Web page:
04 March 2018


Farflung correspondents, 

I think this quote encapsulates a pragmatic sort of very ​long term optimism better than any other I've seen.
"Everything that is not forbidden by the laws of nature is achievable, given the right knowledge."    --David Deutsch

I might add "and technology," but technically, that's probably ​redundant, since technology, what Americans used to call "know-how," is a form of knowledge. This is one of two frontispiece quotes in Steven Pinker's new book Enlightenment Now, the Case for Reason, Science, Humanism and Progress.  This isn't meant to be a review of that book, which maybe I'll post another time. I think what Deutsch is saying in this quote, however, is really important. I've given it a lot of thought, and if come to the conclusion that modern humans, for the past century or so, I've been wallowing in self-deprecation, when the reality is that our capacity to more or less accurately model the way the universe works is the single most significant biological adaptation on Earth since photosynthesis, which took place about 2.4 billion years ago. I would argue that the evolution of this capacity makes it quite likely that we, or our descendants which share, and improve upon, this adaptation, will flourish and prevail over the long long future of life originating on Earth. If you really think about it, what has limited the development, and expansion, of life on our planet over almost all of its 3+ billion year history has been its lack of coherent awareness and intelligence. Now that we have evolved these qualities, the sky is literally the limit. Life in the universe is just beginning to get going. And we, as a species capable of reason and technology, are an absolutely essential part of its future, at least around here, in this little part of the universe where we happen to find ourselves. The existence of beings with this capacity is almost literally in its infancy on Earth, and the effects it will have on the future of life have only just begun to manifest themselves. We can't predict what life will develop into, but human or human-derived awareness and intelligence will be key to its future development, and expansion into environments beyond Earth. If you don't see it that way, I would suggest you might care to give it some more thought.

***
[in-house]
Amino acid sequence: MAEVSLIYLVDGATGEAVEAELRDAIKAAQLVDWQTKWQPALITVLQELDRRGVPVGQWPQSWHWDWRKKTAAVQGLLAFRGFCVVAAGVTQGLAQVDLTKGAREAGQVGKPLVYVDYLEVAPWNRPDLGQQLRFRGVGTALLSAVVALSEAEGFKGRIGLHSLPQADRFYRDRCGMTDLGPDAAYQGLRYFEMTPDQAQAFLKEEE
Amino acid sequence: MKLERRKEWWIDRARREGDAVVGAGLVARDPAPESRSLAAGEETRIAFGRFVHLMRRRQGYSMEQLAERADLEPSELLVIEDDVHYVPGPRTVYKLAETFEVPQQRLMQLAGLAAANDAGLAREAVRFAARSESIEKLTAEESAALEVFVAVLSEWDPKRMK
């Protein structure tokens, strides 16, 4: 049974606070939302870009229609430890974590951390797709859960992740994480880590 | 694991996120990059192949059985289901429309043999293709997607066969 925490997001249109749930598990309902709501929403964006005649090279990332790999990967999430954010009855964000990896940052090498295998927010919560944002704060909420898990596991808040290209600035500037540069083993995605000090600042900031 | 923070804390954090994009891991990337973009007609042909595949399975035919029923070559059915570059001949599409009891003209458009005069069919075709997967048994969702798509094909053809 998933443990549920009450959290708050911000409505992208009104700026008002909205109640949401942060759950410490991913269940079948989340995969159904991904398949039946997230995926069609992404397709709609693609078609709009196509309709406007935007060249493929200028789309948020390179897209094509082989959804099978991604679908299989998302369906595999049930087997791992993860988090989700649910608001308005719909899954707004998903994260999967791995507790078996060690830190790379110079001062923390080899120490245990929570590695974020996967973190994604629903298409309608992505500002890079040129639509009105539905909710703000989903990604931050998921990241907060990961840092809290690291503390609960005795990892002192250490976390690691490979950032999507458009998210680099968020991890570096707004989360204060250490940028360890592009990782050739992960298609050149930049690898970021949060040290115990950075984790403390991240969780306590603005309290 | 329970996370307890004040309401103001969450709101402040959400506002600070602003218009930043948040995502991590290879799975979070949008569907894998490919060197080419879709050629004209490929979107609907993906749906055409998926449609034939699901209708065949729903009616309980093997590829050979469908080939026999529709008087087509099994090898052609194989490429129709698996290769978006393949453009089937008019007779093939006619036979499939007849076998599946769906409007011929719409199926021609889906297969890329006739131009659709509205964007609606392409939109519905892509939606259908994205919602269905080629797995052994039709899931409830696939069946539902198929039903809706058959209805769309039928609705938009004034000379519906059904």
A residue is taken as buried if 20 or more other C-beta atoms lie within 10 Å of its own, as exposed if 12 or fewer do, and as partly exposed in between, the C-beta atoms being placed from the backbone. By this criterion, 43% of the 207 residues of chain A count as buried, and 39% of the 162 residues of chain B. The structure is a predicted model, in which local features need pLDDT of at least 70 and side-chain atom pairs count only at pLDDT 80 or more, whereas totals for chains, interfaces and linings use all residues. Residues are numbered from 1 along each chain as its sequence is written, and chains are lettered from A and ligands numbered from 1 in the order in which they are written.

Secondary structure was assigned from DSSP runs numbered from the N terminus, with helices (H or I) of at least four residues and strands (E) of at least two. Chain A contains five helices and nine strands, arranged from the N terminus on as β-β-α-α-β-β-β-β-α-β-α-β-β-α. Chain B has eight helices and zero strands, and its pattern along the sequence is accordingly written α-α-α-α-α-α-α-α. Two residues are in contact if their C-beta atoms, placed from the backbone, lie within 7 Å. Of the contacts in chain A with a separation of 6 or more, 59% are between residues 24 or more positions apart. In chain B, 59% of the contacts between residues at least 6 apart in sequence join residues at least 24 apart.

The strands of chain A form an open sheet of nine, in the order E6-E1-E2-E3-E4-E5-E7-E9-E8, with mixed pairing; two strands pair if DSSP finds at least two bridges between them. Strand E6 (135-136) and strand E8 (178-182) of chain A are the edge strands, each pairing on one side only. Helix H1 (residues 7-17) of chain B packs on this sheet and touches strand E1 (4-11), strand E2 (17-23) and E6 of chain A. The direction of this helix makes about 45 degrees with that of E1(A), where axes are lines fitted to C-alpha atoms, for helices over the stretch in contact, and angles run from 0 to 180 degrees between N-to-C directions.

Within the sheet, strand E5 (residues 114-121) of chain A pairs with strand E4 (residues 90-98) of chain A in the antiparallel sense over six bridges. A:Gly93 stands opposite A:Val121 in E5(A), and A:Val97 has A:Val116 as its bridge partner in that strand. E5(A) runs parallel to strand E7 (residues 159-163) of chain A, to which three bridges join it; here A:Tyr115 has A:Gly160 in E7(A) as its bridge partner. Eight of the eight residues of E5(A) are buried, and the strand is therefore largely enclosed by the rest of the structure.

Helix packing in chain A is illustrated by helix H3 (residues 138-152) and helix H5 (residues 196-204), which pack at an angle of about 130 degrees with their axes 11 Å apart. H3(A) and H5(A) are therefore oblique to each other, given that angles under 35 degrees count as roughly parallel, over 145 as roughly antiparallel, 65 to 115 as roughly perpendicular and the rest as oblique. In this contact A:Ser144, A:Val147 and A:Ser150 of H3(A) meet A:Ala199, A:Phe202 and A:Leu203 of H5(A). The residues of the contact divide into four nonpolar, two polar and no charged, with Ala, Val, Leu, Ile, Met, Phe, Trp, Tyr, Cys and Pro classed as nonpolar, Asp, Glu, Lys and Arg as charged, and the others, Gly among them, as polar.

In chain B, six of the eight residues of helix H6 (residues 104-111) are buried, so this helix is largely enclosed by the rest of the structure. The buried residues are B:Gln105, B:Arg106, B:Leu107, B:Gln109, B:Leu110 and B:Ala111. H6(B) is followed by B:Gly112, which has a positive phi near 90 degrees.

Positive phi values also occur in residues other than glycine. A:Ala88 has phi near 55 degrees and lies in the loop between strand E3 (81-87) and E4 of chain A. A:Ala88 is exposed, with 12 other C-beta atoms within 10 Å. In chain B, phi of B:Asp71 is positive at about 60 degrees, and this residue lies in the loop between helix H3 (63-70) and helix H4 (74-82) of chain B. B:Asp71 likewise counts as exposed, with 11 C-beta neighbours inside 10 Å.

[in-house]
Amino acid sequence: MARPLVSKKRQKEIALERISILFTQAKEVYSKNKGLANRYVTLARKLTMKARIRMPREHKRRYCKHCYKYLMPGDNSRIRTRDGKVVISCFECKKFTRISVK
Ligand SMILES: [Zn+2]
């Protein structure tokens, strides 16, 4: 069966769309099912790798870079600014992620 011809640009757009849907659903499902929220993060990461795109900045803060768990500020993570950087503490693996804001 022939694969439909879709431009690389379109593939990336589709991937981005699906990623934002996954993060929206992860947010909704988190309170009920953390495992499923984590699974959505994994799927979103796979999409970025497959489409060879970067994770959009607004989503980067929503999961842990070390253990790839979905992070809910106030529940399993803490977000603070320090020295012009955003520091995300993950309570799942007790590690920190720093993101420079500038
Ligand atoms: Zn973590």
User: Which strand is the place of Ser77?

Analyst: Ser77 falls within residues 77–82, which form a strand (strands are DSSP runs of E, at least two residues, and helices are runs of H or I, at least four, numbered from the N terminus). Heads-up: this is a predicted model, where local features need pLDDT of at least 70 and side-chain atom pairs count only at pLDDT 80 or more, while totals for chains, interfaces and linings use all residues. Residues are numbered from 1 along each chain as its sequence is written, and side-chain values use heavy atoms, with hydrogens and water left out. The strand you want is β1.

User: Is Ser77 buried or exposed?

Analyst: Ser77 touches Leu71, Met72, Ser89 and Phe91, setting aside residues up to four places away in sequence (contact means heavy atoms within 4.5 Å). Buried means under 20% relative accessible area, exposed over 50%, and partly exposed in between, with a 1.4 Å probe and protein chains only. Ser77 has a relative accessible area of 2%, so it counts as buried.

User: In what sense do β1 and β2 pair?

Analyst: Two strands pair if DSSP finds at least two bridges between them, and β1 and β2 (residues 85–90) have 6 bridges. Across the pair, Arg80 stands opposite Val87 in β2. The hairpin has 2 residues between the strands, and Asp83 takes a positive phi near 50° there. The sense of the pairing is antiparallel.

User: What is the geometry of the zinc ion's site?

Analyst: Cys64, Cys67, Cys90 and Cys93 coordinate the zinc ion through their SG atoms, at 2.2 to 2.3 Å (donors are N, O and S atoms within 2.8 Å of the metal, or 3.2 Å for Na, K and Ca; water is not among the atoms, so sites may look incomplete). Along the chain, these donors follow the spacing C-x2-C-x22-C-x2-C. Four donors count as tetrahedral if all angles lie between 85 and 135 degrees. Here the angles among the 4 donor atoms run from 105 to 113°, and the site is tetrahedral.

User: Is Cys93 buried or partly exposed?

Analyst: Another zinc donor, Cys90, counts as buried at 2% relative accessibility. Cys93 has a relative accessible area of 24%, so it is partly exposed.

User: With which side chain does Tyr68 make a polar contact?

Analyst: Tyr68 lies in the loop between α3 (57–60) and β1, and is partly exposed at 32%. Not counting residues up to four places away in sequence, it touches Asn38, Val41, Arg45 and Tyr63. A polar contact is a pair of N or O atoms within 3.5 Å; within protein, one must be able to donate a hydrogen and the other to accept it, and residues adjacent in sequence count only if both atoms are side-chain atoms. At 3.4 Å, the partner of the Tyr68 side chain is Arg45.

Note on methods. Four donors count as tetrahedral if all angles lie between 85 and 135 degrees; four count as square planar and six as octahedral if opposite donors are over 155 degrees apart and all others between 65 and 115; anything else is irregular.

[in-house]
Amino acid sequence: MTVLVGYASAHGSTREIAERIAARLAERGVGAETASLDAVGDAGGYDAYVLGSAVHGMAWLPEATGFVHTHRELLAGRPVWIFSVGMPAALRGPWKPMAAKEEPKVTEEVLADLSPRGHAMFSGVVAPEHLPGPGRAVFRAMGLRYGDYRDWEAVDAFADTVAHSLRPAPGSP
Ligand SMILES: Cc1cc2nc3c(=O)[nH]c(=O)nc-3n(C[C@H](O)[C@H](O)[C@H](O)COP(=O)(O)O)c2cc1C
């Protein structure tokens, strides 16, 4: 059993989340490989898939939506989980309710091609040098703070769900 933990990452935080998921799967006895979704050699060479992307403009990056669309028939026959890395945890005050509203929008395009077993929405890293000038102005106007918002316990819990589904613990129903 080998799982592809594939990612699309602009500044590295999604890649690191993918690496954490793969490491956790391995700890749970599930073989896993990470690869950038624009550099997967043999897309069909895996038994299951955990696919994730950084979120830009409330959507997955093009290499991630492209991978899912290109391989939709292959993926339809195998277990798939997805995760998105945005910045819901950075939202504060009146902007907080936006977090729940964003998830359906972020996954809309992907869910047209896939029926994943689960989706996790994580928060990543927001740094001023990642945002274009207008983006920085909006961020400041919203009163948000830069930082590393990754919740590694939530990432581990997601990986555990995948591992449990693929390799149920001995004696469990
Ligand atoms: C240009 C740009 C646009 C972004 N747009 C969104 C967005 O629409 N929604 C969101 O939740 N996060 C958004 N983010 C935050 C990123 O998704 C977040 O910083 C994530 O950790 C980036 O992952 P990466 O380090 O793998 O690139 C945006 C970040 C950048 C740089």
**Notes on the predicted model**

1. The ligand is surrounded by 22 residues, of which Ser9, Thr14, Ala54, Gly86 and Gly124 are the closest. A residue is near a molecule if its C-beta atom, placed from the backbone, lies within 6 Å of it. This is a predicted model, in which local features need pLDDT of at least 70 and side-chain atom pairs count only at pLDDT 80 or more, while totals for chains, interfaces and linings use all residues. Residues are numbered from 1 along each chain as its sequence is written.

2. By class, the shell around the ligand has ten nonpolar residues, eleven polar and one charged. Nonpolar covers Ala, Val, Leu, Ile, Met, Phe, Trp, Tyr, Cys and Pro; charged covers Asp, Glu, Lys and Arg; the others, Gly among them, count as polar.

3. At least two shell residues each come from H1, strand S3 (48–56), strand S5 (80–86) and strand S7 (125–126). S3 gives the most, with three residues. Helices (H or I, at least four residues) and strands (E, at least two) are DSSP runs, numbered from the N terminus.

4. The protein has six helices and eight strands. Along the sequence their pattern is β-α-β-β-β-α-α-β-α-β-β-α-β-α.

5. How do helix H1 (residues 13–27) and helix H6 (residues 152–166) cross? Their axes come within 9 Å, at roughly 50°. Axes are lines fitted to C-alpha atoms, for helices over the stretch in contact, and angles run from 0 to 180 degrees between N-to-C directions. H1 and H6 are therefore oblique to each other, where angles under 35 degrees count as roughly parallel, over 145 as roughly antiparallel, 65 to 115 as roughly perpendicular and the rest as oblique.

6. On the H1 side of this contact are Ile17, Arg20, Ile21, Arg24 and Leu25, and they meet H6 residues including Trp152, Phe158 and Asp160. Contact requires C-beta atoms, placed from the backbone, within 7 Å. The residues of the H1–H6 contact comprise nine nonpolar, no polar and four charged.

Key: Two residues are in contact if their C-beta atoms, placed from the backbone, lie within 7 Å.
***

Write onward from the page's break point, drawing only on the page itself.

The idea of progress has become unfashionable, but Pinker pretty clearly demonstrates that it actually is occurring. Not in a linear fashion, always up, up, up, of course, but over time, the sum total of knowledge, and its use to improve the survival and flourishing of human beings and other forms of life, have increased. Any reasonably long period of time (say, a few centuries) of our history will show, globally, a net gain. And if anything, this process has been accelerating, right through the environmental crisis, peak oil, supposed food crises, etc. of the recent past. If you doubt it, consult the sources in Pinker's book. It is undeniable. 

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